The Focus Statements and Action Statements of the guide are not prioritized. It is up to the communities to select the three to five priority Action Statements that they wish to begin implementing. The related Action Plans for each Action Statement provide guidance on the actions and timeline that may be necessary to implement the Action Statement. The Champions and Action Teams should review the Action Statement, Benchmark, and Action Steps. They may even hold a public meeting to get additional input before starting implementation of a specific Action Statement. Changes may be made as new input is received.

      Action Plans are listed under the Our Action Plans tab.

      The Action Guide as a Living Document

      The Communities Action Guides and the Countywide Plan are designed to be web-based and therefore will be easily updated. The Communities Action Guide is intended to be championed and implemented by the Communities. The Focus Statements and Action Statement within the guide were created through public engagement workshops by community participants.

      The guide is meant as a way to organize activities and provide overall direction to move the Communitiesorward. The plan should never be considered to be written in stone, but should be malleable as the needs of the Communities continue to change. Focus Statements and Action Statements should be changed and amended as Action Statements are completed or new priorities take their place.

      The Communities should consider reviewing its guide annually to celebrate what was accomplished and make changes to the guide, as necessary, to ensure it is a relevant work plan. Communities should report back to the County as they complete actions to ensure their online guide is updated with success stories included on their website and to ensure their Action Plans are updated reflecting completed actions. As communities complete their Action Plans, the County will determine when to revisit the communities to expand or modify their Action Plans.

    • Relationship to the Countywide Vision and Countywide Plan

      Relationship to Countywide Vision

      The Community Action Guide’s values and goals are specific to each community. However, they are consistent with, build on, and contribute to the Countywide Vision.

      Relationship to Countywide Plan

      In 2010, the San Bernardino County Board of Supervisors set out to establish a vision for the future of the county as a whole, and subsequently adopted a Countywide Vision in 2011 after two years of input from the communities and the county’s 24 cities and towns. Following the adoption of the Countywide Vision, which calls for the creation of a “complete county”, the Board adopted the County paradigm and job statements in 2012.

      In 2015, the County of San Bernardino launched an effort to go further than any county or city has ever gone with a general plan by creating a web-based comprehensive “complete county” plan. General plans are almost always strictly rule books for guiding development and growth. The County’s General Plan, last updated in 2007, will go well beyond a traditional general plan to become a comprehensive Countywide Plan that complements and informs the Countywide Vision by taking into account all services—not just land-use planning—provided by County Government, and the unique values and priorities of each unincorporated community.

      The Countywide Plan serves as a guide for County decision-making, financial planning, and communications. Its web-based format provides a wealth of easily accessible data on how the County operates, and allow independent research using County data and information.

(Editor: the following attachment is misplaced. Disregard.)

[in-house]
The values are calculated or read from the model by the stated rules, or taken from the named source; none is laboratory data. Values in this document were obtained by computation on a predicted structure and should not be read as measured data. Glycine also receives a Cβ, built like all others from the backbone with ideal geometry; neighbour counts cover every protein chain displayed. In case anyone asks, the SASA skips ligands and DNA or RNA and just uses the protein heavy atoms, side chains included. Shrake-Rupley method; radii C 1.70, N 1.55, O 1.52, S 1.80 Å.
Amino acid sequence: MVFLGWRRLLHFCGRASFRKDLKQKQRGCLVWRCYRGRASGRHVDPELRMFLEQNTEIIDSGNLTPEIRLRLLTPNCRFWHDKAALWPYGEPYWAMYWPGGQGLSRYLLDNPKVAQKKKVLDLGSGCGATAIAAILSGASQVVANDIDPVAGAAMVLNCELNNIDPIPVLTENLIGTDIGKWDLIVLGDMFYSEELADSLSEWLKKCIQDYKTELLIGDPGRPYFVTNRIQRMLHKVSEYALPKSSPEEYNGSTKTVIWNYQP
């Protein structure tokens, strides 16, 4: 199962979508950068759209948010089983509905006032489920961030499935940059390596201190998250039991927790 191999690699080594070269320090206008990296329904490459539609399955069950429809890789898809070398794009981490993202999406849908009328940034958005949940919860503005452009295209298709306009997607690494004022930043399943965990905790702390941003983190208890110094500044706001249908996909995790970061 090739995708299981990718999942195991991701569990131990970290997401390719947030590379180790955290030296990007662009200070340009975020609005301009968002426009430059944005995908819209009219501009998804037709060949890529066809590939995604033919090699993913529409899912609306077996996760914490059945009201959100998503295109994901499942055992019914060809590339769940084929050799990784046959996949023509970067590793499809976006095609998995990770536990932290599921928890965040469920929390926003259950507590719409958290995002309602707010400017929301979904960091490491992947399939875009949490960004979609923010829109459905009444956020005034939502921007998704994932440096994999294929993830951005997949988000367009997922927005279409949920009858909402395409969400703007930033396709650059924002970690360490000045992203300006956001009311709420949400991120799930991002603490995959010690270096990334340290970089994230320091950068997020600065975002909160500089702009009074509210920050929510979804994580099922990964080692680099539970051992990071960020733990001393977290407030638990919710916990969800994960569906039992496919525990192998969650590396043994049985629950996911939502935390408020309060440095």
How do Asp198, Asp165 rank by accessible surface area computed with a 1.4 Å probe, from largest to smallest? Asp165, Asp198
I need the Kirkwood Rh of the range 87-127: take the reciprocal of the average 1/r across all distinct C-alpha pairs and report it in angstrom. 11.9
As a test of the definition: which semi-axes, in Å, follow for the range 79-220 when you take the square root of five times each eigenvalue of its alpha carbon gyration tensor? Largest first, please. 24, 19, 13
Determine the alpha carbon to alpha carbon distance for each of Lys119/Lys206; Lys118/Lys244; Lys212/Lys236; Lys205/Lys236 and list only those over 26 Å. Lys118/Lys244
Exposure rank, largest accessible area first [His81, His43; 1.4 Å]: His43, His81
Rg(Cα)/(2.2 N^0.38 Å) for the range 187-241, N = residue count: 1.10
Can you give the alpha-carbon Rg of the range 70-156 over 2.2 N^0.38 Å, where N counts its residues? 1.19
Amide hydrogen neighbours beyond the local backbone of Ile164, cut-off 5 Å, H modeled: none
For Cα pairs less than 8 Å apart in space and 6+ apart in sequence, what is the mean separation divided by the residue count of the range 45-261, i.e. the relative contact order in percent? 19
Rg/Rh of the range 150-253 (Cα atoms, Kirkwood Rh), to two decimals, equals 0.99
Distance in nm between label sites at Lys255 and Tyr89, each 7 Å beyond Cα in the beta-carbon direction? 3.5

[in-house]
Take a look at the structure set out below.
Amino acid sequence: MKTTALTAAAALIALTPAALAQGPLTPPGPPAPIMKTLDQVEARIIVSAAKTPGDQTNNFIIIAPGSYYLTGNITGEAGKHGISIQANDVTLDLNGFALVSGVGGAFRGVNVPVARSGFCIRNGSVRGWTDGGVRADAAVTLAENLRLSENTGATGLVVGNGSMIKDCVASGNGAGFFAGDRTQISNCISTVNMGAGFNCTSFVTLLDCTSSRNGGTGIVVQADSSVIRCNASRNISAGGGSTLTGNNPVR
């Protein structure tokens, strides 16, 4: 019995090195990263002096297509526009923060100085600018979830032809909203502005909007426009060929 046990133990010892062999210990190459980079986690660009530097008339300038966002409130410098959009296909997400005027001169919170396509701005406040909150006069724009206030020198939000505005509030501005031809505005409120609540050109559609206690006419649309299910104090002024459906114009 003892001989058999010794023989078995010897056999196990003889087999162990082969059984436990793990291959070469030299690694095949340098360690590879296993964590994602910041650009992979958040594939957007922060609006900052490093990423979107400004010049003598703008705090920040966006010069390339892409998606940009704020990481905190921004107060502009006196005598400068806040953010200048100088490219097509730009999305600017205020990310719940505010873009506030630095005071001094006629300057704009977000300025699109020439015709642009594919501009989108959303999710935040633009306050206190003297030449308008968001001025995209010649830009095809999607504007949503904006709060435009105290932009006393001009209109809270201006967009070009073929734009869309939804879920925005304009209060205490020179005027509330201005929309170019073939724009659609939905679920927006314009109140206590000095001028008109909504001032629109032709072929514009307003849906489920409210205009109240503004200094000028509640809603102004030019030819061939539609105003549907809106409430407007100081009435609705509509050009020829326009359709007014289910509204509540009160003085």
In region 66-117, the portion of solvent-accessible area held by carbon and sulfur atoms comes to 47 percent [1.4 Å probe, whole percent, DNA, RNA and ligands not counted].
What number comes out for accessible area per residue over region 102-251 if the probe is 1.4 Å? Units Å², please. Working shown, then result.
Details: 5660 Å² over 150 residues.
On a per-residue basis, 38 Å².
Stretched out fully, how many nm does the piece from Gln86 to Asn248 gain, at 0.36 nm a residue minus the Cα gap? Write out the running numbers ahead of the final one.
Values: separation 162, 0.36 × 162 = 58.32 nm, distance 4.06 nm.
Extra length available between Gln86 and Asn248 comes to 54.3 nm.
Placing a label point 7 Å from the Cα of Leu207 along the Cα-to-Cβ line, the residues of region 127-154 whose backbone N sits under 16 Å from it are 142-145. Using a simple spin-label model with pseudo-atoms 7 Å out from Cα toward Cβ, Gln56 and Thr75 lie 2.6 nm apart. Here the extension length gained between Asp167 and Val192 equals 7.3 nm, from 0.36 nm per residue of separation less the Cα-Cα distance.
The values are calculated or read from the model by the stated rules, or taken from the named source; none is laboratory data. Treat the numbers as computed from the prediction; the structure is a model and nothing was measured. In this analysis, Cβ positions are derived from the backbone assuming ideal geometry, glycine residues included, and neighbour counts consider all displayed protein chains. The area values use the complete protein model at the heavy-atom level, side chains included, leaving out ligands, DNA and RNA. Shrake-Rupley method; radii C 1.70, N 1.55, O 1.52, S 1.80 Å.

The Countywide Plan includes:

      • A County Policy Plan, which serves in part as the County’s General Plan for the unincorporated areas and also provides guidance for regional county services. The Policy Plan establishes goals and policies for the entire county as well as specific sub regions and communities.
      • A County Business Plan, which contains governance policies and operational metrics that outline the County’s approach to providing municipal and regional services.
      • A Regional Issues Forum, which is an online resource for sharing information and resources related to issues confronting the entire county.
      • A Community Planning Continuum of 35 Community Action Guides, which articulates what is important to each Community; sets out an Action Plan based on community input, and for the most part, would be implemented by the community; and provides a Community Profile. Links will also be provided for maps, goals, and policies in the Countywide Plan.

    • Where Did the Goals, Policies, and Land Use Map for My Community’s Plan Go?

      The existing Community Plan content was used in the development of the Communities Action Guide and Policy Plan of the Countywide Plan. Goals and policies from the existing community plan, as well as proposed land use changes discussed during the communities workshops, were considered for inclusion in the County Policy Plan and Land Use Map, components of the Countywide Plan. The Land Use Map will be adopted as part of the County Policy Plan. The content of the Communities Action Guide focuses on those actions identified by the communities that the community members are willing to take to make desired changes to their communities. The County Policy Plan and the Community Action Guides will be web-based, with adoption of the Countywide Plan in 2019.

      To enable residents to better understand how the County addressed the existing Community Plan goals and policies in the County Policy Plan and elsewhere, the County created a Policy Matrix that lists each goal and policy from the current Community Plan and where it will be addressed in the future:

      • Policy Plan: the location for updated goals and policies that apply to unincorporated areas
      • Implementation Plan: the location for actions to be undertaken by the County to implement the Countywide Plan (to be released in 2019)
      • Community Action Guide: the location for actions to be undertaken by community members, in coordination with the County